Hope this helps .

Oct 04, 2014 | Carrier Comfort 3.0 Ton 13 Seer Ac Only...

1 Answer

thermostat is new but no 24 vac at contactor

If you are handy with meters and electrical work try this.
Somewhere there is a small transformer that supplies the 24volts.
If you trace the wires from the contactor coil back to the big circuit board then the transformer is probably on that board. Make sure you are tracing the COIL wires. If the wires go to a small transformer mounted separately then your in luck. That transformer steps down the voltage to 24 volts used as a "control" voltage for the unit. If you have 24vac output at the transformer, and no 24vac at the contactor then a control or thermostat circuit is open.

Jul 11, 2012 | American Standard Heating & Cooling

1 Answer

i just bought a craftsman 6,5 hp. twin cyl. air compressor (minus the 60 gal tank) for $25. the seller ran the thing right in front me to show that it works. but like a moron i didn't inspect it as close as i should've. it's 230v not 115v.like i assumed. is there any way to convert or run a 230v electric motor to run on 115v ?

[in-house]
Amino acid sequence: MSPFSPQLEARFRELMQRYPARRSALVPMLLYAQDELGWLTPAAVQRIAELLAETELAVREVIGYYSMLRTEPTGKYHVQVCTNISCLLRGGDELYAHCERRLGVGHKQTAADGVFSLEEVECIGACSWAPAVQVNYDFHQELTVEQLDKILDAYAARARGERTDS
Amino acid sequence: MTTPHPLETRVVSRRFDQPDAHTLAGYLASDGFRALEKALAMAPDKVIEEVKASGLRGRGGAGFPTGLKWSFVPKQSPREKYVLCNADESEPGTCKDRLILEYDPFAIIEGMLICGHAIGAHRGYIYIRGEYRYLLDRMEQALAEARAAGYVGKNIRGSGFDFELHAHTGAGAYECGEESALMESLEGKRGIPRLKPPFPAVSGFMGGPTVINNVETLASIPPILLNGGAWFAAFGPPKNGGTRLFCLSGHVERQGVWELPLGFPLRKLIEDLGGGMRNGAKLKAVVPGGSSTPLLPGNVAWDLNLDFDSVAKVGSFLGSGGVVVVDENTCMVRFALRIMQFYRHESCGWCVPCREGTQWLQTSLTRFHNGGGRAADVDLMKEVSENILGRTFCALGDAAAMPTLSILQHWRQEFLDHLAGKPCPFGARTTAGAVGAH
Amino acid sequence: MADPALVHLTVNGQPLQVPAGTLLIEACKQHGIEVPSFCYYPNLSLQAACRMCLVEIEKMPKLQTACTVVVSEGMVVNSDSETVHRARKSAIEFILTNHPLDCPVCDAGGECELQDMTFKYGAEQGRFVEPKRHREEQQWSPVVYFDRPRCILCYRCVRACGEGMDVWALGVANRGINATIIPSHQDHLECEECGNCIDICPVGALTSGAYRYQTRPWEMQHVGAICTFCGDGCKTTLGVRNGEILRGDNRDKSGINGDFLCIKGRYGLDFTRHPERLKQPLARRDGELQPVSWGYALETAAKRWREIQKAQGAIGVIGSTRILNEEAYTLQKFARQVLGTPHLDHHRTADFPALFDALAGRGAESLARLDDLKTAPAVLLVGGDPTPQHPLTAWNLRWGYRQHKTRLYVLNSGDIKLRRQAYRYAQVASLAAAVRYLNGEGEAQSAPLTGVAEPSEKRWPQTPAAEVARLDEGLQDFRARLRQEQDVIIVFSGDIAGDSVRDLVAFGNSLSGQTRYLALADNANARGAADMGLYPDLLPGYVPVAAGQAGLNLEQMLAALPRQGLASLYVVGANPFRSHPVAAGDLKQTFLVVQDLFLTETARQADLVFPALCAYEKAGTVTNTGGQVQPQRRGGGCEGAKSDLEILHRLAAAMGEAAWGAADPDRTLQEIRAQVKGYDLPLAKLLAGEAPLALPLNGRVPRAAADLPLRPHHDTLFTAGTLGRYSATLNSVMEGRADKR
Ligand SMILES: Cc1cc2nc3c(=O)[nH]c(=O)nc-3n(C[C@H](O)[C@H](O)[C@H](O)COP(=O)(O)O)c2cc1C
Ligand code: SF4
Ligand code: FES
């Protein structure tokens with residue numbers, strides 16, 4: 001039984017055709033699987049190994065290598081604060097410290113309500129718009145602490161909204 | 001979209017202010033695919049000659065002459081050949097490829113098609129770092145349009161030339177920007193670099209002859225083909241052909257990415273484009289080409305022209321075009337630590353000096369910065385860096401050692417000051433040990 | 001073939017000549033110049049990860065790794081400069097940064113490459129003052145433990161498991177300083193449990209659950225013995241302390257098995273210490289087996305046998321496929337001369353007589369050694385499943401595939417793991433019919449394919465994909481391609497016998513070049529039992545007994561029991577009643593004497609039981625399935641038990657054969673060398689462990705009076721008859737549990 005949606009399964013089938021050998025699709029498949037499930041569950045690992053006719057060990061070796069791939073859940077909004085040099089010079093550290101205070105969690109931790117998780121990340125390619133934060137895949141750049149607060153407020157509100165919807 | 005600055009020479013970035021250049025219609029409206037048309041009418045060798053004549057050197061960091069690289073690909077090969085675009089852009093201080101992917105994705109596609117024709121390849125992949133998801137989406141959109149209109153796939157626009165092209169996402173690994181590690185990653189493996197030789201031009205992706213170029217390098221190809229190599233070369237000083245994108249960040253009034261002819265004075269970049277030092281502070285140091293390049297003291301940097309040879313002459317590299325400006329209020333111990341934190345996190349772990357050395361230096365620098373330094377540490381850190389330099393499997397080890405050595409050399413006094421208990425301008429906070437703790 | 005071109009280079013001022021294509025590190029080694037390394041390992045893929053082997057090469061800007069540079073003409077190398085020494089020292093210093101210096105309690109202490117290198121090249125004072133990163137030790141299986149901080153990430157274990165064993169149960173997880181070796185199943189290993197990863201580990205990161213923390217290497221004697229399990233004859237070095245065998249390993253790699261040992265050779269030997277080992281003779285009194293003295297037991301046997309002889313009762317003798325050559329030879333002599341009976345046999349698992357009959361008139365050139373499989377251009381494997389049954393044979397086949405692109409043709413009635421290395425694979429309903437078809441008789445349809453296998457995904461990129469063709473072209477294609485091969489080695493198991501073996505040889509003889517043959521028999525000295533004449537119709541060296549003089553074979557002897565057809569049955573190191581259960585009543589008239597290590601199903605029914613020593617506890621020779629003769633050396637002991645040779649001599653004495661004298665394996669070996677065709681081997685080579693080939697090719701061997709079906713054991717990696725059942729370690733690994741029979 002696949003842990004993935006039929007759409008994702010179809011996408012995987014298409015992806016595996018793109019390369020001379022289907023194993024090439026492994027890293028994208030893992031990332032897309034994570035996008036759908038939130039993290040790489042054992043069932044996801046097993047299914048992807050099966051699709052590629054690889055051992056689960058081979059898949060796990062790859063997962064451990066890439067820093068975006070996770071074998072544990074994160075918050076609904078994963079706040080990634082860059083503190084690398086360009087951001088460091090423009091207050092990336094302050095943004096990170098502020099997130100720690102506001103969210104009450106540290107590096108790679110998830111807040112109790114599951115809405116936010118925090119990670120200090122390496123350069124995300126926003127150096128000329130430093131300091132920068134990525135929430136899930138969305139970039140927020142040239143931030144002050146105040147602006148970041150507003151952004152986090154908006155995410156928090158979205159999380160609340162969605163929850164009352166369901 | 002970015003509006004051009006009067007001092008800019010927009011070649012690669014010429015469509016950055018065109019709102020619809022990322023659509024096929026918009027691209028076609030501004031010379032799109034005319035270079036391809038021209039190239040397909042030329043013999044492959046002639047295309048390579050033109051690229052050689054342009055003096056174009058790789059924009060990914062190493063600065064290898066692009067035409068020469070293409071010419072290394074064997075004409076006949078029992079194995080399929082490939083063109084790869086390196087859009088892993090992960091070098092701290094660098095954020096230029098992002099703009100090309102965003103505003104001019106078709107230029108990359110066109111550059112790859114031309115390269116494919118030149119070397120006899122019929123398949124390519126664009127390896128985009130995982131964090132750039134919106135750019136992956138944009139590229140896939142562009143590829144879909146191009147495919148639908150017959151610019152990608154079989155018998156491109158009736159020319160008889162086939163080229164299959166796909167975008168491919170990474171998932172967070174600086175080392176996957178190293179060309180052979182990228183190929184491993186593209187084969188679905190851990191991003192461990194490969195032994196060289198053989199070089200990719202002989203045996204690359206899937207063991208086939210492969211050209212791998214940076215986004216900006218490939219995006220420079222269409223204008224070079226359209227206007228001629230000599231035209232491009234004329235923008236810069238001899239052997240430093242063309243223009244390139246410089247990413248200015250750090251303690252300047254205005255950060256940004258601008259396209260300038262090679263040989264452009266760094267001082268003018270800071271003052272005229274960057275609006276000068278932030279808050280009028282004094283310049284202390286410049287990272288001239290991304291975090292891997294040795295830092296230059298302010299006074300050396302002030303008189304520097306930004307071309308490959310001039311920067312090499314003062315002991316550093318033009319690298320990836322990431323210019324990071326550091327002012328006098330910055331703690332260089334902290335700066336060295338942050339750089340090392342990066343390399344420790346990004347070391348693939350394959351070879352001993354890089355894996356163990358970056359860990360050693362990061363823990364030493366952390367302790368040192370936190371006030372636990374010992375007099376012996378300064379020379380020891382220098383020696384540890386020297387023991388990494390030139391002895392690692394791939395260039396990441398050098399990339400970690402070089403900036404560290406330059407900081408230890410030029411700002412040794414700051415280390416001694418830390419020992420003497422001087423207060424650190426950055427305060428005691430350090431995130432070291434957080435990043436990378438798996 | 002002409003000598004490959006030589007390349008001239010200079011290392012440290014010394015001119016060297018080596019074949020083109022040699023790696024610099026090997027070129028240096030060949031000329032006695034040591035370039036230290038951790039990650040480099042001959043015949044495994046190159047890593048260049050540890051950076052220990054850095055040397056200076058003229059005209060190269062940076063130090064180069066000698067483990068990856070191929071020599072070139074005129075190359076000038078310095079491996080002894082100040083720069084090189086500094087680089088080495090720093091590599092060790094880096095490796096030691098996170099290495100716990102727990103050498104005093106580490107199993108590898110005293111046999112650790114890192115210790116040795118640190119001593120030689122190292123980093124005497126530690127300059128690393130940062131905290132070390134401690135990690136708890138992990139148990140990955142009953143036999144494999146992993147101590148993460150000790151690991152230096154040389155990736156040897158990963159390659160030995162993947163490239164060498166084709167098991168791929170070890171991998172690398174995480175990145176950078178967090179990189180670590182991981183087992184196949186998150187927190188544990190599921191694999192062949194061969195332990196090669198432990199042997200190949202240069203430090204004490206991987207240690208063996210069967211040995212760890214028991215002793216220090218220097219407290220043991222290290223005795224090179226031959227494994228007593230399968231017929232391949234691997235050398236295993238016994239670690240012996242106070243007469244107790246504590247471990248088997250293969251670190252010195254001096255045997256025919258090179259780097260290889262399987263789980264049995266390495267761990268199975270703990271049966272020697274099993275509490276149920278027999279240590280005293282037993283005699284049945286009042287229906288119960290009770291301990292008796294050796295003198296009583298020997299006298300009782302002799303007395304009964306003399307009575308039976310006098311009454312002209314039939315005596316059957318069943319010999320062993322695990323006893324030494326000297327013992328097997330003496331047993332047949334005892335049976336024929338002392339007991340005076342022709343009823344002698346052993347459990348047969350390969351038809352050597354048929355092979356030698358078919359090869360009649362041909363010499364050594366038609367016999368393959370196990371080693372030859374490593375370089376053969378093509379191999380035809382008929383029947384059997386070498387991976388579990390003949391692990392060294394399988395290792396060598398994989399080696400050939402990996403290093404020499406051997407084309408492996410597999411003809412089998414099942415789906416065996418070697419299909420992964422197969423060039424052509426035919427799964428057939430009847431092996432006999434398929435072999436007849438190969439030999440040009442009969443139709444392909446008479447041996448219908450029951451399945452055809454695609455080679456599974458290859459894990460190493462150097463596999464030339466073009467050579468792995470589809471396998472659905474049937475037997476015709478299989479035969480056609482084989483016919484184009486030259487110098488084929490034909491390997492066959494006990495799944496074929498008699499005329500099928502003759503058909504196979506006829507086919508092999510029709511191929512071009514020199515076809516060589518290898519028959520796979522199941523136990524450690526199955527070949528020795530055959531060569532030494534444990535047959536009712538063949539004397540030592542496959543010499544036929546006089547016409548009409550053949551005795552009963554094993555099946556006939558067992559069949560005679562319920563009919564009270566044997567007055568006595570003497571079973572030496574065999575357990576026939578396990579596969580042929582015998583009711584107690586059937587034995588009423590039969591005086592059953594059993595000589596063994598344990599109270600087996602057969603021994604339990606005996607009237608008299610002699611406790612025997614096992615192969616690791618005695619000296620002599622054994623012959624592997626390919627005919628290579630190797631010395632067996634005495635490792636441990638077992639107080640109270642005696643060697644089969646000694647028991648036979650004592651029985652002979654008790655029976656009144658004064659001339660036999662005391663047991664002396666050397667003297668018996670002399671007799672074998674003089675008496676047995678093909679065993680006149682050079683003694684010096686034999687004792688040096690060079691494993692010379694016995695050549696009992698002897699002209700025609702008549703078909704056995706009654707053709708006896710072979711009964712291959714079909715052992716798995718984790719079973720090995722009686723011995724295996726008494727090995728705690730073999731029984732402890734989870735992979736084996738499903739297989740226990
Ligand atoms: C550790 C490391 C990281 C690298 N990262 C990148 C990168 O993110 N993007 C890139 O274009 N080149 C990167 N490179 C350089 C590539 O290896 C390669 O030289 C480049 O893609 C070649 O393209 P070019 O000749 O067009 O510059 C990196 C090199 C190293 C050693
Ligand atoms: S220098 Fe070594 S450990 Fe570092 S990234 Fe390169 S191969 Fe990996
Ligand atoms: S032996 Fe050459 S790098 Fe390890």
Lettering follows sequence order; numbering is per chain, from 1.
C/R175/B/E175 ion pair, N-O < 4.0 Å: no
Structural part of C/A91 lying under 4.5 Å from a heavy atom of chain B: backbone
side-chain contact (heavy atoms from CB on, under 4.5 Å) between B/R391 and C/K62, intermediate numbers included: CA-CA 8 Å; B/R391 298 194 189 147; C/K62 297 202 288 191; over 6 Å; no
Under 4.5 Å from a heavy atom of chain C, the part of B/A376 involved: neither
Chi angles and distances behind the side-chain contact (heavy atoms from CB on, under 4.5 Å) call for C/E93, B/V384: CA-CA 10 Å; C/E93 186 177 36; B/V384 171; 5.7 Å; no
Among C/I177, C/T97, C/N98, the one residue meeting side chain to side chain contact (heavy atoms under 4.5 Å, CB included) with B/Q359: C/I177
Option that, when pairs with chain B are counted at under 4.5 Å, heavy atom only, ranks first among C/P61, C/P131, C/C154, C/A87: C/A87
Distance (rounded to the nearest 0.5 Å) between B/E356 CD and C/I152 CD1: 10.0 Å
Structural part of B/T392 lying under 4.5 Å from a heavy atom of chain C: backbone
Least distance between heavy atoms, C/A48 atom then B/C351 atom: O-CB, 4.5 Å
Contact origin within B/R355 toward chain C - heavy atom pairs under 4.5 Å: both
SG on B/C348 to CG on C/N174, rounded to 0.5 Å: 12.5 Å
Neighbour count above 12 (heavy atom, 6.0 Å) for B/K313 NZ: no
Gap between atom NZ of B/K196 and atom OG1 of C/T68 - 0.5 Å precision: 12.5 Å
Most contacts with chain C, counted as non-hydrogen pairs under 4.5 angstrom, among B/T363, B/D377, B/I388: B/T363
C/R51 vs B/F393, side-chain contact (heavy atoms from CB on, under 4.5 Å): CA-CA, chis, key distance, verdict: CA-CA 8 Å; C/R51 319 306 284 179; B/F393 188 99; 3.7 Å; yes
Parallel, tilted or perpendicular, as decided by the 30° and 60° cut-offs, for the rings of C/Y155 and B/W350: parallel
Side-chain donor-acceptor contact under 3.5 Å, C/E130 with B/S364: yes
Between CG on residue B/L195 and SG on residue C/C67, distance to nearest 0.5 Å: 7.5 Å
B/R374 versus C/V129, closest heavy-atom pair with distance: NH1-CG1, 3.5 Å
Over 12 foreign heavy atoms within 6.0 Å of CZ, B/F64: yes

6.5 HP is equivalent to about 4.8kw. Now this would be ok if you were powering a resistive load such as a heater, possibly you could get a transformer to step up the voltage .The problem is that the motors on a compressor take a surge of current on startup (about 4 or 5 times the normal running current) so a transformer or generator would have to be oversized to compensate.
If you are in the States, I thought there were two voltage supplies in houses, 110 for small appliances and 230 v for high power appliances such as cookers, washing appliances etc ? Perhaps you could have a socket wired for 230 v ? In Europe we use a blue 3 pin socket for industrial appliances, 16A rated for welders etc and 32A for larger devices.

Feb 21, 2011 | Air Tools & Compressors

2 Answers

ok i neeed help!!!!!!!! on my power supply there is a switch which you can move to 115 volts to 230 volts. everytime i switch it to 230 volts the computer wont turn on? why is this happening? when i put it back on 115 volts, my computer turns on. why is this happening PLEASE HELP MEEE!!!!!!

This is the power supply for your PC, depend on your local country power supply, some country like North US may use 110 V in their daily use electrical stuff and some country like Euro, UK use 240 V.

Your PC power supply is design to suit this 2 type of power input so can be sold everywhere. What u need to do is to make sure your local country power supply voltage and then just switch the input correctly, i think u have done it.

YBC (/\)

Oct 20, 2009 | Computers & Internet